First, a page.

October 25, 2007

Response to Dean Dad on the Brett Favre chemistry lecture series

Dean Dad responds to my recent post about teaching with a discussion about what to do with tenured faculty who are poor teachers and resistant to improving what they do. I think that's somewhat separate from the issue I discussed (what happens when students complain about teaching in the middle of a semester), but he raised an interesting challenge:

Rather than making this post #480 in my ongoing series on the evils of tenure, I'll ask for solutions within a tenure-based system. How would you handle the tenured professor who would rather discuss Brett Favre than his course's subject matter?

He specifically pointed to my advocacy of strong peer evaluations of teaching and asked, "What incentive would a peer have to take on somebody disagreeable?" I'll freely admit that faculty find productive confrontations a very difficult challenge. So do administrators. So do people in a variety of work situations, which is why there are shelves of various books on what to do in dysfunctional work environments and with dysfunctional colleagues (e.g., Bob Sutton's work or the Harvard Negotiations Project).

Because I blog under my name, it would be unprofessional for me to describe any specific situation at USF where faculty have taken on peers, but I know of a few locally and elsewhere. Admittedly, these are at either liberal-arts or research institutions where peer reviews are fairly important to promotion and merit pay (and unlike Dean Dad's institution, my university has had merit pay in the majority of years I've been here--far too little money has been available for productive negotiations over what should be across-the-board, merit, compression/inversion compensation, or adminsitrative discretion, but we do have merit money regularly in at least token amounts).

But I'm digressing. To Dean Dad's challenge: someone has to confront the tenured professor who consistently likes to talk about secondary coverage instead of covalent bonds. That's best done when there is a consensus of both peers and chair/administrators that someone's work is consistently inappropriate. It can be from a peer who has the guts or a chair who has no choice. But both have to be speaking with some considerable backup (in documentation or collegial support, and preferably both) to get beyond the prickliness Dean Dad anticipates/has experienced. As in all such confrontations, it has to be with some sense of humanity and sympathy.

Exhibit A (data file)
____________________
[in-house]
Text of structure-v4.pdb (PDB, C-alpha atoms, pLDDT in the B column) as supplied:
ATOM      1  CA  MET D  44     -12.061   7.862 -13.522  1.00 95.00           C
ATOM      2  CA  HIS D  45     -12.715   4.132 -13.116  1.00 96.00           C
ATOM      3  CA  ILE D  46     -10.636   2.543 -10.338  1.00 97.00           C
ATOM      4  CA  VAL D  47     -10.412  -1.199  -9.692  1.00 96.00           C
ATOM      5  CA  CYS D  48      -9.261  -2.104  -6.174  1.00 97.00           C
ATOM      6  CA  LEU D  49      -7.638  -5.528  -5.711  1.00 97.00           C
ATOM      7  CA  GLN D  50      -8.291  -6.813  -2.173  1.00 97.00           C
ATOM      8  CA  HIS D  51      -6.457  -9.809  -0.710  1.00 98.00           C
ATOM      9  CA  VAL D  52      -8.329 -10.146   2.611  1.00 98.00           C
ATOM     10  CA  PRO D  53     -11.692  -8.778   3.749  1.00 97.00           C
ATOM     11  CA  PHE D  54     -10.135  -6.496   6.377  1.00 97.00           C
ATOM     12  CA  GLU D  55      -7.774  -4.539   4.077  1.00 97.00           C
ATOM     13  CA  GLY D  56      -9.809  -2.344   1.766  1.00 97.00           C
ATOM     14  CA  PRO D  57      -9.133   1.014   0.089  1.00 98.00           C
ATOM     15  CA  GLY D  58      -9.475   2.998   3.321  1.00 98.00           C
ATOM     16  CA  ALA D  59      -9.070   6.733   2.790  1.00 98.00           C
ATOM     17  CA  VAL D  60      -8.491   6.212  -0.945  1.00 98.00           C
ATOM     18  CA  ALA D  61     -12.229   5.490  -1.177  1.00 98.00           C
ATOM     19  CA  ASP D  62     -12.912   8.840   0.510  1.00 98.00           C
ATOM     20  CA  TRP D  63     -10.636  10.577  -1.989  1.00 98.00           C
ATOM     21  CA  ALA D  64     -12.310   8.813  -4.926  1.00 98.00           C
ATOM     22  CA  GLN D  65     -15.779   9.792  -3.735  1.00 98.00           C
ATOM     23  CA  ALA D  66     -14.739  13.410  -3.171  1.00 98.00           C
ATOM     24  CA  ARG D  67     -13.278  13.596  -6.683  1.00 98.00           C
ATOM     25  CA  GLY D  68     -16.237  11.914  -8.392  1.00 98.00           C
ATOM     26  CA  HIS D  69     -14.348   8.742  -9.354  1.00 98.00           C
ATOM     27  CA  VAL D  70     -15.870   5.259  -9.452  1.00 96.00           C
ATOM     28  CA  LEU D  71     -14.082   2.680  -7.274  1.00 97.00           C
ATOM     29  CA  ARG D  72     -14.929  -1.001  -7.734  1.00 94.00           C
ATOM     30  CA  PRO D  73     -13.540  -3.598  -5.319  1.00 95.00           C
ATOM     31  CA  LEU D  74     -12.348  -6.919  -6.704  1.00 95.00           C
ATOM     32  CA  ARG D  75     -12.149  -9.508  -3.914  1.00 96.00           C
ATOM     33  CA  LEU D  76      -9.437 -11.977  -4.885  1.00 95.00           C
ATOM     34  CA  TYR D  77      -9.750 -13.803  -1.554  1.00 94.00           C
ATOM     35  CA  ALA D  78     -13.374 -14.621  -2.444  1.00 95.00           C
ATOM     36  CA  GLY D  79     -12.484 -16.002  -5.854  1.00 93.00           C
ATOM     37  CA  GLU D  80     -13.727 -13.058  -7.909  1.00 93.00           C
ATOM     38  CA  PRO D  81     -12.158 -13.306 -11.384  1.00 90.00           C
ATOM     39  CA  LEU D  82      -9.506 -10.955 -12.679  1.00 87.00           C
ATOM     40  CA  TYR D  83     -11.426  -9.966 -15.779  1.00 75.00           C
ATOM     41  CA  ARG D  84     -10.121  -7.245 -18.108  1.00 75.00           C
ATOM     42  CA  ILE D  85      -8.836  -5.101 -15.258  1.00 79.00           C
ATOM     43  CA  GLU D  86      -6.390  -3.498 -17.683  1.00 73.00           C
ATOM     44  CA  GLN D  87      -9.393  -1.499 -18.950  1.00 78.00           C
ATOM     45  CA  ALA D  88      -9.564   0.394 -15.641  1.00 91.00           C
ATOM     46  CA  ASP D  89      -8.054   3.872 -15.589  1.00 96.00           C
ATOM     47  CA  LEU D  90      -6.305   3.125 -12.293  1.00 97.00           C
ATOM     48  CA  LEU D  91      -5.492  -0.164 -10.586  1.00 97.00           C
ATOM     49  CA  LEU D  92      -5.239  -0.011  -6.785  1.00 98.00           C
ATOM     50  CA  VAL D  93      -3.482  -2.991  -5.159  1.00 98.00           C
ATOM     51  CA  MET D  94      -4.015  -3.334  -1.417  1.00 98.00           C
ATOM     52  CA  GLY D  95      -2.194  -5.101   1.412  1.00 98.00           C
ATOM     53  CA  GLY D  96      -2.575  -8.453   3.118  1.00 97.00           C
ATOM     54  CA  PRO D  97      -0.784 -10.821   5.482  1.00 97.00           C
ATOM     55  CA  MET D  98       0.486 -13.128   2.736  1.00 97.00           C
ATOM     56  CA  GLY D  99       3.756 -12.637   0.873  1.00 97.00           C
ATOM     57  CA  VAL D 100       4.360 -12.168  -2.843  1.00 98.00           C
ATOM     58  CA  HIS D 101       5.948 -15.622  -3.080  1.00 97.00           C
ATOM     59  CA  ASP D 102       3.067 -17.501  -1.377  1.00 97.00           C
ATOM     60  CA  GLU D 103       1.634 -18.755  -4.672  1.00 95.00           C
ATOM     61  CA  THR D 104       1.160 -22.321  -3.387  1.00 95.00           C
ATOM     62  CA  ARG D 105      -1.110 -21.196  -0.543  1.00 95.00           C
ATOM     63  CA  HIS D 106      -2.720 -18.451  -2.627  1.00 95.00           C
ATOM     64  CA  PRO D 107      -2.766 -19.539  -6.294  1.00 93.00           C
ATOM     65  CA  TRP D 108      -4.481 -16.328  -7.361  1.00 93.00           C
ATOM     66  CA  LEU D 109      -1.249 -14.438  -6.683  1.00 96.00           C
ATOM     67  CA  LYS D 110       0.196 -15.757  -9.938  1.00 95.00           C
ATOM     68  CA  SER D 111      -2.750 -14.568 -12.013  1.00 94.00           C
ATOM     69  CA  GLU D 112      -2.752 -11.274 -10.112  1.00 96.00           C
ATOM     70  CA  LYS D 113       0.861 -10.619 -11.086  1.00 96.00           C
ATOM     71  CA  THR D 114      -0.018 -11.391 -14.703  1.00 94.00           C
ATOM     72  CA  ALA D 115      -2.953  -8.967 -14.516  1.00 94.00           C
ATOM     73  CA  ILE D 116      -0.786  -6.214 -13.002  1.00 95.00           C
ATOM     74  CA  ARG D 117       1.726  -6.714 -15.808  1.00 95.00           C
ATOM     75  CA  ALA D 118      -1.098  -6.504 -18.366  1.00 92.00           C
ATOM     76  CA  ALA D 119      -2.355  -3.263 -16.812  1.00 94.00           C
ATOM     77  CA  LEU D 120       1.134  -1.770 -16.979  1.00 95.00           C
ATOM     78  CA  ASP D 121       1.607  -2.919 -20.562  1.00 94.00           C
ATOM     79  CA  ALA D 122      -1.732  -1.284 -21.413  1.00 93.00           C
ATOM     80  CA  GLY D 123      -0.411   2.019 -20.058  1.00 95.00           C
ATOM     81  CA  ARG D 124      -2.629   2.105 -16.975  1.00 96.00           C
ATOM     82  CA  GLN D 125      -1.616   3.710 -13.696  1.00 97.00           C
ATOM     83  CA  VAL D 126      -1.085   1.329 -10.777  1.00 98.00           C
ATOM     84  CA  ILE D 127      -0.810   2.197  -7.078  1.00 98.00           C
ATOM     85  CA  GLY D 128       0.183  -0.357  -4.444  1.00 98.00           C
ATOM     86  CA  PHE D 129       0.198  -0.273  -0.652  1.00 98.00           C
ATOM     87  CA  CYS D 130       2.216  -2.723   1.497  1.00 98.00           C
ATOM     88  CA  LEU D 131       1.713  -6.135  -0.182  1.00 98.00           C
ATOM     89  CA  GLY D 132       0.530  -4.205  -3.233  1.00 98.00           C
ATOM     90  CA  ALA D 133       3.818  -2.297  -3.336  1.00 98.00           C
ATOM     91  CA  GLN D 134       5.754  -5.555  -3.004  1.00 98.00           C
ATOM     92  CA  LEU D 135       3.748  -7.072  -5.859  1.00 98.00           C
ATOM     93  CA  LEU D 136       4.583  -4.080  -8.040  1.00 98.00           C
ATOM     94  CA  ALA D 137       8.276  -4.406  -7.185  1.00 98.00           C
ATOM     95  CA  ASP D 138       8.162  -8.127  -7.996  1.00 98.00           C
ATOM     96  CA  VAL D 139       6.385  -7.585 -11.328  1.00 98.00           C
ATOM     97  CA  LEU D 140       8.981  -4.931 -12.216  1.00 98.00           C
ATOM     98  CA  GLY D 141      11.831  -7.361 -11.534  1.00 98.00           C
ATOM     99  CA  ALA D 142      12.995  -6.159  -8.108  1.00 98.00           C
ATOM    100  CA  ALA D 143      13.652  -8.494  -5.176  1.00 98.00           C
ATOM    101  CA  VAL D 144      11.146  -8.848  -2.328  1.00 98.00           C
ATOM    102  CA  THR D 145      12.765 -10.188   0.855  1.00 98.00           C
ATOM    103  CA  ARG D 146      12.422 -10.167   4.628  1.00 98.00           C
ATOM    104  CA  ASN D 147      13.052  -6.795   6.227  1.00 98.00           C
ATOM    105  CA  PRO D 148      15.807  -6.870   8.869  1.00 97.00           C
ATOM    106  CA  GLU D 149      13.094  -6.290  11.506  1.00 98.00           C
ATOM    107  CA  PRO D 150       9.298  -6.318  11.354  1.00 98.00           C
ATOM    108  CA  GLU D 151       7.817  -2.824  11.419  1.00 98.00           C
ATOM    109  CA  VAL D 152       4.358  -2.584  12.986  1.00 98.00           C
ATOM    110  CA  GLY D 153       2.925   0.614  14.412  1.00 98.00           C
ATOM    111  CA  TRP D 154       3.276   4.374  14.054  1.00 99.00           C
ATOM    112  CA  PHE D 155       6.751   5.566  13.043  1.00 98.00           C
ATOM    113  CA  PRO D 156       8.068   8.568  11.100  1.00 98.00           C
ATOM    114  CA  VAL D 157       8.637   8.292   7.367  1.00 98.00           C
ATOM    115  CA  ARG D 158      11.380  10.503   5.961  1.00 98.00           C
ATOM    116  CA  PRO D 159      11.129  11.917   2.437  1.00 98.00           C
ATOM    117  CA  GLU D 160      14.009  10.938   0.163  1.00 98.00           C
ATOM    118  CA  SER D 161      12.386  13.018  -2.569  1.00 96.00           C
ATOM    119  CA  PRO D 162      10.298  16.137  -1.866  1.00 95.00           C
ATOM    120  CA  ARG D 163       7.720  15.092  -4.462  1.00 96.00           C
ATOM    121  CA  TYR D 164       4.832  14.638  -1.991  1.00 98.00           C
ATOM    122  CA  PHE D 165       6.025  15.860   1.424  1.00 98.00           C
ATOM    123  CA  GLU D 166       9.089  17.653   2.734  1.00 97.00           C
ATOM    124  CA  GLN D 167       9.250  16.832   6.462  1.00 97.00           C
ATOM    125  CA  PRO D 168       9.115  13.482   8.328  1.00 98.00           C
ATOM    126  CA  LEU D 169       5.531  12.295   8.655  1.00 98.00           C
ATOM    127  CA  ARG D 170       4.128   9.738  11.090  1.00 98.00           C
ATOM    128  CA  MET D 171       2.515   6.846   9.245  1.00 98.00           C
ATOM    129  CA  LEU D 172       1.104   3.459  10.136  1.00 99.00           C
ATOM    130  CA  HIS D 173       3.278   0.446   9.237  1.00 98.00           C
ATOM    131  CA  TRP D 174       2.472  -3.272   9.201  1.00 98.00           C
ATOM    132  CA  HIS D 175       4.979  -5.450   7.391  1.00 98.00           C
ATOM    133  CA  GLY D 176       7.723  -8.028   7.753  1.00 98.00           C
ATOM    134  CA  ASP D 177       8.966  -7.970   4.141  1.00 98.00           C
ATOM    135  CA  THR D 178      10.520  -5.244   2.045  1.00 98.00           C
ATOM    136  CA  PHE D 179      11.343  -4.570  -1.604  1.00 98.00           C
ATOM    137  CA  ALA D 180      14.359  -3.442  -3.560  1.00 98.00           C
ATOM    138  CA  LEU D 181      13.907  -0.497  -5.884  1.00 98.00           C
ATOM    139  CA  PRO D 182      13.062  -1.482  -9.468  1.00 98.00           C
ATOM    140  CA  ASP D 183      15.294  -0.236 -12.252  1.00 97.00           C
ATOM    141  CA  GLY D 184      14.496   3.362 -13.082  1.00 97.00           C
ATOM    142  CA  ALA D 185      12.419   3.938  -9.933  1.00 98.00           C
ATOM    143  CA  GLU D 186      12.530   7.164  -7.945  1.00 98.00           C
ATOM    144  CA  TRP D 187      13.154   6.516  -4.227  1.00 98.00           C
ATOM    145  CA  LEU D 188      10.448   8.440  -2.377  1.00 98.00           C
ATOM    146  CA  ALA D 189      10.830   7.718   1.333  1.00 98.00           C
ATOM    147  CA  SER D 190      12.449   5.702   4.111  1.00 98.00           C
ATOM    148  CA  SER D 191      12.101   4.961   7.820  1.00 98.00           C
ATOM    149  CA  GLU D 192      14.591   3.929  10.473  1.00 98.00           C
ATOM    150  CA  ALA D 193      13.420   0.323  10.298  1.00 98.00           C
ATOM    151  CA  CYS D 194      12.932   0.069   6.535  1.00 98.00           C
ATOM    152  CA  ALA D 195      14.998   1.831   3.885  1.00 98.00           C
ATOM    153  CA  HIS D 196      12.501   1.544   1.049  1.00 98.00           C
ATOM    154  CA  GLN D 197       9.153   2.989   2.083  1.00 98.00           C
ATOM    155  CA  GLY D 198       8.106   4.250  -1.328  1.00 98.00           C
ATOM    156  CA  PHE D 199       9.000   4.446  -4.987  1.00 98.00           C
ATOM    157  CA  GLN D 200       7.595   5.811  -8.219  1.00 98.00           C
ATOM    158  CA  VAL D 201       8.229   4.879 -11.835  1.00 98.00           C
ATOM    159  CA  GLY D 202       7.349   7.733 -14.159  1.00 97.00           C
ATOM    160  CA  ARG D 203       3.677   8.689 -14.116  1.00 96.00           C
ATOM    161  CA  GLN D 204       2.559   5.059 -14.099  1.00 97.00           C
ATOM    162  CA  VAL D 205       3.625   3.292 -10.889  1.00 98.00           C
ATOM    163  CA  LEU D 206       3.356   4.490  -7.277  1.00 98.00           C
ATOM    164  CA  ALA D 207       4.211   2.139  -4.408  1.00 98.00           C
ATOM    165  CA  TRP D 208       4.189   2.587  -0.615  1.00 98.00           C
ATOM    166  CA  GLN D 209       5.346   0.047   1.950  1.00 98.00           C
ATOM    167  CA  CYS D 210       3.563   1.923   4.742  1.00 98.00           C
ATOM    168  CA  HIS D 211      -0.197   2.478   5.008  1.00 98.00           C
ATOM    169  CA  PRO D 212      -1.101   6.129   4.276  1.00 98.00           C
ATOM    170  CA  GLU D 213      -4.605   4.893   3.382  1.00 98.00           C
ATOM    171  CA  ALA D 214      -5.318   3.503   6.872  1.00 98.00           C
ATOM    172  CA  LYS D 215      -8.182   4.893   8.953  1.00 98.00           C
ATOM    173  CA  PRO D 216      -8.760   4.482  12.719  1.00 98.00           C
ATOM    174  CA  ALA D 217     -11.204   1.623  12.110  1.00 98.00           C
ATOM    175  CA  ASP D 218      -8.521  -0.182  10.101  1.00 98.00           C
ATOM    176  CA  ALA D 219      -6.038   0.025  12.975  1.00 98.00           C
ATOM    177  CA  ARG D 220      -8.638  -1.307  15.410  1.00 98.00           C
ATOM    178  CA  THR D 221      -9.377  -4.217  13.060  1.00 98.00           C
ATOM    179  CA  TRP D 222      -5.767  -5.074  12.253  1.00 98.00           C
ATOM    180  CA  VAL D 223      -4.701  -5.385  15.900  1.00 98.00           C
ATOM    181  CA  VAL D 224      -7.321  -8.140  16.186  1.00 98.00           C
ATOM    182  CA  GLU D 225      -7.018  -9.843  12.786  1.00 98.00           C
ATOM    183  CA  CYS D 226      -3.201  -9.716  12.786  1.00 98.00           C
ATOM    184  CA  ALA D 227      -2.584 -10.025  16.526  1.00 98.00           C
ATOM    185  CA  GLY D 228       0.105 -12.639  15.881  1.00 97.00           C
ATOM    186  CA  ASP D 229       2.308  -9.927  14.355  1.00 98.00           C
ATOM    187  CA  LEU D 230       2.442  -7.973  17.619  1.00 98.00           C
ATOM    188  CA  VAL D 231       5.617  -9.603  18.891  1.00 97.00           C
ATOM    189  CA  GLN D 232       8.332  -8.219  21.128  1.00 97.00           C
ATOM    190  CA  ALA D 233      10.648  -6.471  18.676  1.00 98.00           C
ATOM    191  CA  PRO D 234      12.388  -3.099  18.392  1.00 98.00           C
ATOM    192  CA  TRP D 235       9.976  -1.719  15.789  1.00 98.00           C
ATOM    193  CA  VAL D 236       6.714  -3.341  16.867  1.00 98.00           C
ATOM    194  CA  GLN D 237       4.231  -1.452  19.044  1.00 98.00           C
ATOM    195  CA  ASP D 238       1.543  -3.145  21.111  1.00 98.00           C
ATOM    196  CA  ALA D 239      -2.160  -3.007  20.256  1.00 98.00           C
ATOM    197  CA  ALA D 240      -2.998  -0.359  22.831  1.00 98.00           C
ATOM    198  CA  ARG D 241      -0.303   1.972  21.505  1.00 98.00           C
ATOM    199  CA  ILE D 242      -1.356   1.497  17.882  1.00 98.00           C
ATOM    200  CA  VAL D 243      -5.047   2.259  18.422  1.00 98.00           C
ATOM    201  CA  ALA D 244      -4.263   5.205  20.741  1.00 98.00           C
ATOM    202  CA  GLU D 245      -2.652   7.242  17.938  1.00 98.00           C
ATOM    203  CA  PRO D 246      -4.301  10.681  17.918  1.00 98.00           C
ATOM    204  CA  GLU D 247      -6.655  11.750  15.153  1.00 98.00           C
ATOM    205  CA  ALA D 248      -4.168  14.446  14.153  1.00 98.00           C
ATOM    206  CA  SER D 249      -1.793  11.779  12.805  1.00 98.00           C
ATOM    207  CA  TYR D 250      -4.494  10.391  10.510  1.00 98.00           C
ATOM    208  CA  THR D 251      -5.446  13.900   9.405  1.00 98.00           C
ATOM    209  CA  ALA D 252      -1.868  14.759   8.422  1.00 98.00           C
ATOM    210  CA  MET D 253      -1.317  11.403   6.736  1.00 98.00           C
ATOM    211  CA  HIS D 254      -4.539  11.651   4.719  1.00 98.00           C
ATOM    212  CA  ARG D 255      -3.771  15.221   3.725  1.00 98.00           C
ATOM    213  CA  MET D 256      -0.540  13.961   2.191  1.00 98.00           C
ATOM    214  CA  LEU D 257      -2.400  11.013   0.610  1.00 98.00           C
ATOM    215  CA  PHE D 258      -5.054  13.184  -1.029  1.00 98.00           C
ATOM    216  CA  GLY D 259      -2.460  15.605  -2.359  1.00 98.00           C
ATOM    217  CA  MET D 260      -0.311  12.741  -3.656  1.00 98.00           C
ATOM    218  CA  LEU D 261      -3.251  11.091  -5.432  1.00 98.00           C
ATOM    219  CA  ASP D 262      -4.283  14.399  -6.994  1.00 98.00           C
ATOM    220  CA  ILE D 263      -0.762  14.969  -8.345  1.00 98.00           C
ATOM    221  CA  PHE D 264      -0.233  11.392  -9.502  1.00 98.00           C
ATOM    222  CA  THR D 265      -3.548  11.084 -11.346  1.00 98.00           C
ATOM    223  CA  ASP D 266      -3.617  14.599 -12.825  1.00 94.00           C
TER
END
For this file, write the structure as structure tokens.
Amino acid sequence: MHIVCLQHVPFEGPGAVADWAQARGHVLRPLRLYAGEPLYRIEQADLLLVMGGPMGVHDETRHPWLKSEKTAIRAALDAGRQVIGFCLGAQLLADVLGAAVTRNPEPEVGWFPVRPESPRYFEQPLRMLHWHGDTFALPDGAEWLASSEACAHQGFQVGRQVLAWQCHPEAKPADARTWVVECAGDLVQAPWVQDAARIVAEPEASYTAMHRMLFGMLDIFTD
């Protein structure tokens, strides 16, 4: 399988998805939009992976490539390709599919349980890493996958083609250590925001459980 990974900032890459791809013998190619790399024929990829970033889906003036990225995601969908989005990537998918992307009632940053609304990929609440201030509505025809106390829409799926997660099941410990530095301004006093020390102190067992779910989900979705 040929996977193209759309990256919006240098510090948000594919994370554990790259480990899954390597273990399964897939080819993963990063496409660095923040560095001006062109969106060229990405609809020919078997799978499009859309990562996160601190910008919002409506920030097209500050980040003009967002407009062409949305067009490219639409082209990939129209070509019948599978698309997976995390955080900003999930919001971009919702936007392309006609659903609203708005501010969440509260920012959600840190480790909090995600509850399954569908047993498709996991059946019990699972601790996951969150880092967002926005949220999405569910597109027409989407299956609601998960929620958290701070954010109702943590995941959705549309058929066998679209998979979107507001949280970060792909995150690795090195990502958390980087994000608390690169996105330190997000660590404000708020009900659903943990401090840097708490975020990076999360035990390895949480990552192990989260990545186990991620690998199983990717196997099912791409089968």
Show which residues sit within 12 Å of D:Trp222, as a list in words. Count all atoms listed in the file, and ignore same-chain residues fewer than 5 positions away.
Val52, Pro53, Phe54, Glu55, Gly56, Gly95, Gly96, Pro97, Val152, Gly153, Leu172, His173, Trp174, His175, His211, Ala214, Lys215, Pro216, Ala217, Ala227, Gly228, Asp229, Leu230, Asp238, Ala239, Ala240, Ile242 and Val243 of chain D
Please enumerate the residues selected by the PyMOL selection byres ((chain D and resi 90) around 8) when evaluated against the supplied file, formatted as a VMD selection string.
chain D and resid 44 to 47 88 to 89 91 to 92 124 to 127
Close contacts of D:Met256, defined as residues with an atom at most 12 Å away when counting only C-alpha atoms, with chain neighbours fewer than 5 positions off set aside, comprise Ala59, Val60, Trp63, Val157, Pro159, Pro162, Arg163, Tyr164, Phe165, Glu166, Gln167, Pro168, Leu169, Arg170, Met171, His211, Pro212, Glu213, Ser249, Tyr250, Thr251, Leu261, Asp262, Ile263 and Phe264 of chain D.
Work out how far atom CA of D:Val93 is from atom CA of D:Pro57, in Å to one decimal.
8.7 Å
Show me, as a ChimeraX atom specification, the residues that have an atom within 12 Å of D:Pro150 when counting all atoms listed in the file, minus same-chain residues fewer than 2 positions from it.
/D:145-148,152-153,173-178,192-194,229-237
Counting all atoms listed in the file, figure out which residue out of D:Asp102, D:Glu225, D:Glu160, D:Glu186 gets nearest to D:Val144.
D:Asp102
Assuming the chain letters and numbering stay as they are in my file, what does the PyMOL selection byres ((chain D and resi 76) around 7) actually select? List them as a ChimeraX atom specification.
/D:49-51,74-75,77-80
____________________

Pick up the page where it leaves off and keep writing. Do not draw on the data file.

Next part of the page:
I think this is necessary regardless of whether there are any tangible reward structures tied to evaluations. Even if there are career consequences to peer evaluations, I think leaving it up to a dry sheet every year announcing evaluation ratings is a particularly dysfunctional and academic form of passive aggression (see my academic lightbulb joke from last year for a tongue-in-check example, a truth that Dean Dad recognized). For junior faculty, any exercise in annual evaluation sadism is proof that a department is not mentoring an assistant professor. (Good heavens, folks, nominate someone to talk with your colleague.) For senior faculty, it is a sign that everyone needs to start talking with another again (or for a first time).

Even in aggressive unionized environments with written policies that go far beyond AAUP minimums, after you have talked with the recalcitrant Brett Favre fan, offered support, demonstrated that the person's behavior is considered unacceptable by peers, administrators, and students, and given the tenured faculty an opportunity to change, there are steps to take that fall under the general scope of discipline: letters of counsel, formal discipline that does not affect pay, formal discipline that does affect pay, and termination. As one of my local's vice presidents, I can explain that a union has a duty of fair representation when a faculty member is disciplined for just cause, to make sure that there has been due process (and I hope Dean Dad has memorized the tests of just cause). But that is a protection of due process, not a defense of poor behavior or incompetent teaching. If a faculty member has been dealt with fairly (which includes the judgment of peers), discipline up to and including firing can be an appropriate response to stubborn incompetence.

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Posted in Higher education on October 25, 2007 10:47 PM |